This paper seeks to analyse the Singapore government's recent attempt to make Singapore a “Global Schoolhouse” by transforming its tertiary education sector. It aims to examine the government's attempt to promote greater diversity and autonomy in the tertiary education landscape; it also aims to examine the government's systems of state funding and accountability for the tertiary education sector.
The paper utilises a policy analysis approach to examine the development of the “Global Schoolhouse” in Singapore. In particular, it examines a case study of the setting up and subsequent sudden pull‐out of the University of New South Wales Asia (UNSW Asia) to highlight the increasing challenge faced by the government in this undertaking.
Despite the government's promotion of greater diversity and autonomy in the tertiary education landscape, the government maintains centralised control through systems of accountability to, and funding from, the state. The case study of UNSW Asia shows that it is a paradoxical challenge for the government to engineer a tertiary education “market economy” with private foreign players while maintaining centralised control over the achievement of its strategic agenda within its stipulated time frame.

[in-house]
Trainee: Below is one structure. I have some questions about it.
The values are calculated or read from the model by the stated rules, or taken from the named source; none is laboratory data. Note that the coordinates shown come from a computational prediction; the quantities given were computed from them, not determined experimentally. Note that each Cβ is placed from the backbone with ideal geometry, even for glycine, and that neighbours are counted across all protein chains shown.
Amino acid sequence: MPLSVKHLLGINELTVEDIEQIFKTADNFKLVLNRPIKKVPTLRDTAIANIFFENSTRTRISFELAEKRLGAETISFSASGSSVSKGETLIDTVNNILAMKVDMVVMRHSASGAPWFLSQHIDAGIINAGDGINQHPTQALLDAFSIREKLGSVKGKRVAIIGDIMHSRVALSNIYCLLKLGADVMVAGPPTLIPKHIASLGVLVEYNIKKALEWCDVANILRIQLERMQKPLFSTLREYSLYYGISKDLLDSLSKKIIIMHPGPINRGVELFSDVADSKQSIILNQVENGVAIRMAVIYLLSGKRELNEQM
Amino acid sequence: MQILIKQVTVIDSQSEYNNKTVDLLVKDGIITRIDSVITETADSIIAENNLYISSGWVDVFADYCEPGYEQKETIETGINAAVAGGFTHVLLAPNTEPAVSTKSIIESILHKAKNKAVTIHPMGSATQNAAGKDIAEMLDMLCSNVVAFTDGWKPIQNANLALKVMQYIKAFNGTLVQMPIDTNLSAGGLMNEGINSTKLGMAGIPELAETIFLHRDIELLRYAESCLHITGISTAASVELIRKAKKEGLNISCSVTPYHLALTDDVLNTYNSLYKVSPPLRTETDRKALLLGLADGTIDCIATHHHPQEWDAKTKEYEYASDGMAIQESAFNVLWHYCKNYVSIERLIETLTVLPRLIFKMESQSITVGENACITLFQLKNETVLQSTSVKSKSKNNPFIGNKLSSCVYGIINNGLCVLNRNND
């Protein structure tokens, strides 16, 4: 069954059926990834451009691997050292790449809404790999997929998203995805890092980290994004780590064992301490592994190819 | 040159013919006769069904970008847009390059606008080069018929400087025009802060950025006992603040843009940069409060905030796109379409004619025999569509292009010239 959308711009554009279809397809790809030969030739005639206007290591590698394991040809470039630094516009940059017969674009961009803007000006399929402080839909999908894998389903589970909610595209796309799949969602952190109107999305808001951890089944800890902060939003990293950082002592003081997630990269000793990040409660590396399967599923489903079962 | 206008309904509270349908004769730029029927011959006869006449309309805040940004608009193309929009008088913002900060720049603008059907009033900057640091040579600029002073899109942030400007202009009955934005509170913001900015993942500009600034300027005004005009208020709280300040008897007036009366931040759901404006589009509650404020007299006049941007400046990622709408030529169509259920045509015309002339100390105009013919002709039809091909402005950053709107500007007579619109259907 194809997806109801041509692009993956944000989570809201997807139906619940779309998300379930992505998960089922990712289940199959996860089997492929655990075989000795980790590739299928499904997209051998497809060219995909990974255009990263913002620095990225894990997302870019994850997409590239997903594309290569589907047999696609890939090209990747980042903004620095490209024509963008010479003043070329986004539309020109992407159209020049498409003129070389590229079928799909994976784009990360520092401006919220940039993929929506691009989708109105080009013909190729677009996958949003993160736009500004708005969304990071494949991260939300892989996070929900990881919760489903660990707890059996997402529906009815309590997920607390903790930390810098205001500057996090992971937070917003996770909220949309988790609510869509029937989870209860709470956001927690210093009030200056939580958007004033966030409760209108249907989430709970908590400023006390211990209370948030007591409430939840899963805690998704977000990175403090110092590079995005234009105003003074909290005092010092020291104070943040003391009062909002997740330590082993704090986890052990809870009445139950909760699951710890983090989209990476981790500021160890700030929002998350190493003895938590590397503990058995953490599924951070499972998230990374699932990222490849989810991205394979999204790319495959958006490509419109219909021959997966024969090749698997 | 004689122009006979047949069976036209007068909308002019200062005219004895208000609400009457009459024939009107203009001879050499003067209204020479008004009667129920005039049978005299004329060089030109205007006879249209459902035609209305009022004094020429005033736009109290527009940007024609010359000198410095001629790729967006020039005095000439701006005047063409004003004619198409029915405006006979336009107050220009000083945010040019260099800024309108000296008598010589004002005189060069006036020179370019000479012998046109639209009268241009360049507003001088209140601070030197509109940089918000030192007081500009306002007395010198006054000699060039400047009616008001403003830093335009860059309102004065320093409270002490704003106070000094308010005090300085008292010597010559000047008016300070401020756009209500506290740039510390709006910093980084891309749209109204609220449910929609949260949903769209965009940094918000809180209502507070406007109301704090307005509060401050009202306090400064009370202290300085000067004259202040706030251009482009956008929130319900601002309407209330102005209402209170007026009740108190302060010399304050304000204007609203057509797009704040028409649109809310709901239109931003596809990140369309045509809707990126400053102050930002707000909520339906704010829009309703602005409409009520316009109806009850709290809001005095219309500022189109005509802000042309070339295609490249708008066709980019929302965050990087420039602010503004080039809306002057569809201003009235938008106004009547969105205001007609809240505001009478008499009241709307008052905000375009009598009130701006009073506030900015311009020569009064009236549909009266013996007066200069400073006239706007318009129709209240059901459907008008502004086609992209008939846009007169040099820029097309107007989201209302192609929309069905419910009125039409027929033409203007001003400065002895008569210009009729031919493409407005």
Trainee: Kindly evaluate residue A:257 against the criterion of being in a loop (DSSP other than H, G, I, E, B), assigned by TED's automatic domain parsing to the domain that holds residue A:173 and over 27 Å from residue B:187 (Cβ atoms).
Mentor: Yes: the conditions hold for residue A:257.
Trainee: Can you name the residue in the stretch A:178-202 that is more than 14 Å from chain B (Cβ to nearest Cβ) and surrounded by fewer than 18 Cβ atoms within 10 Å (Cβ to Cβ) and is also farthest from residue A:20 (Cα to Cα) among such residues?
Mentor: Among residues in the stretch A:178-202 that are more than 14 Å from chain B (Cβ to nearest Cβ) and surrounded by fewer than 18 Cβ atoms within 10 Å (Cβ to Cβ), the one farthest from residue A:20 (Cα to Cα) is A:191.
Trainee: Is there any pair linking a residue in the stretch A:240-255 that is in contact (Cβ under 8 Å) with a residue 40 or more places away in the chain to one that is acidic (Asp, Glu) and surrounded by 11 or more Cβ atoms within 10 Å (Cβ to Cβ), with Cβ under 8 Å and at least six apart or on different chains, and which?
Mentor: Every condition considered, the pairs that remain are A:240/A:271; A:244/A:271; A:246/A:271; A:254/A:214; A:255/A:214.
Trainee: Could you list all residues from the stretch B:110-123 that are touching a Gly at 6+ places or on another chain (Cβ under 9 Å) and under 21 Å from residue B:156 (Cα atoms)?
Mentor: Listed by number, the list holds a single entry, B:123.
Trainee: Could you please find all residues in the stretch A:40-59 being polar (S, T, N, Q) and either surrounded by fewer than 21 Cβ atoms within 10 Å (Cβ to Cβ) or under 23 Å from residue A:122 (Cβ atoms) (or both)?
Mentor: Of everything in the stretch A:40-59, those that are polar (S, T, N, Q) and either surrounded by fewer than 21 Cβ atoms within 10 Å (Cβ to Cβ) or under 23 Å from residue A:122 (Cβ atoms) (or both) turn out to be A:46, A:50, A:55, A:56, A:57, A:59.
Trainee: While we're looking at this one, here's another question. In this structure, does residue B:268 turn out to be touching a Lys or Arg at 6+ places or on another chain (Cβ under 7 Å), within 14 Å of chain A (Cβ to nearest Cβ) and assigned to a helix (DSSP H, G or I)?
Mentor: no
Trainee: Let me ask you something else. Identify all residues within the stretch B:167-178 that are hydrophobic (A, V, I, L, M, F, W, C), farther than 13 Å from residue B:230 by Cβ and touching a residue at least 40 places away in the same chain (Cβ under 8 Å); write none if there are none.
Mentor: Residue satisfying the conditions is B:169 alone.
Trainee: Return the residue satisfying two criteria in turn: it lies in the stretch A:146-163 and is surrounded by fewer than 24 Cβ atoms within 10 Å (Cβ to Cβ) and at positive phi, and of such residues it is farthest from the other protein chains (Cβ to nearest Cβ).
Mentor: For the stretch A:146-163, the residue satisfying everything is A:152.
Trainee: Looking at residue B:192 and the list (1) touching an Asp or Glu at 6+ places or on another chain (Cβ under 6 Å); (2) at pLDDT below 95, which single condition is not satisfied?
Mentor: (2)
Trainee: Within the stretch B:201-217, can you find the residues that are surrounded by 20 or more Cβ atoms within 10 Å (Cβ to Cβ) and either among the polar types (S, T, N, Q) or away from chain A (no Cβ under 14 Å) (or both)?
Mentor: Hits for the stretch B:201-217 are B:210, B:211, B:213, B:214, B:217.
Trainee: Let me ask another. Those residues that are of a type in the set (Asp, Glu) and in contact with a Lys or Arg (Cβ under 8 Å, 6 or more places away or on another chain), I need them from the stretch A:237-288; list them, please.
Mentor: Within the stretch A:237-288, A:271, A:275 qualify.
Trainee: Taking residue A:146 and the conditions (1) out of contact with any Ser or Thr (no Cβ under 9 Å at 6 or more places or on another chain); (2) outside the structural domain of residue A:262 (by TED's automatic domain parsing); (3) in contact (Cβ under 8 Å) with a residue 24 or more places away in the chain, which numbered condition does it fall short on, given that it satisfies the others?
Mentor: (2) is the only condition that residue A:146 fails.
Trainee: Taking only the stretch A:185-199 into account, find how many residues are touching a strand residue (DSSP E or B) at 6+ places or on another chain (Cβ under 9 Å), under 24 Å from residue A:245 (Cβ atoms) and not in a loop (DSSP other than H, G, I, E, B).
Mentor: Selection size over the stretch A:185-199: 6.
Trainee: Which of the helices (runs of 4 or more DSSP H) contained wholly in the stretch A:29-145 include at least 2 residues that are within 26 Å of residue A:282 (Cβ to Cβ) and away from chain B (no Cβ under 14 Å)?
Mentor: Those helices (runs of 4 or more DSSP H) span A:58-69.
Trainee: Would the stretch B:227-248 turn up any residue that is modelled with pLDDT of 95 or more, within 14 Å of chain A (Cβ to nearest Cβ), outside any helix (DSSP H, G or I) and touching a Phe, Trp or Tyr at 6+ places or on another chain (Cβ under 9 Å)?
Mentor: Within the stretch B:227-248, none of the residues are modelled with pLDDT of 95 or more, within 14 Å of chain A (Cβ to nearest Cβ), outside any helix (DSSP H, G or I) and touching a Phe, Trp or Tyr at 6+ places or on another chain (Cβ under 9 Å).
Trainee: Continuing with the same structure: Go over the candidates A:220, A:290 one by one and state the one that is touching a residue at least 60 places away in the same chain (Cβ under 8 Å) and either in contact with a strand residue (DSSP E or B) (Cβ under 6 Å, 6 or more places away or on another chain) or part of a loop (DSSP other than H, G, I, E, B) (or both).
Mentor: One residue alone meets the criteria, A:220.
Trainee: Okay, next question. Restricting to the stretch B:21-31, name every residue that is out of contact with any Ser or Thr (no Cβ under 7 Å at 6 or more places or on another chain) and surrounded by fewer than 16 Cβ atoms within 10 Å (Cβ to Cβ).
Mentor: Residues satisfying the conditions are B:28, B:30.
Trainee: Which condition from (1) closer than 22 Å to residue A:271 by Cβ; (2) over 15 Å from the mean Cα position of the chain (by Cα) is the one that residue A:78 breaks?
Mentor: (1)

The analysis of the Singapore “Global Schoolhouse” effort is limited to a general review of the higher education scene in Singapore and a case study.
The study of Singapore serves as a mirror to other developing countries in understanding the challenges in developing a “Global Schoolhouse” while trying to maintain centralised control.
This paper provides an analysis of the recent developments in the Singapore “Global Schoolhouse” effort.
Tee Ng, P. and Tan, C. (2010), "The Singapore Global Schoolhouse: An analysis of the development of the tertiary education landscape in Singapore", International Journal of Educational Management, Vol. 24 No. 3, pp. 178-188. https://doi.org/10.1108/09513541011031556Download as .RIS
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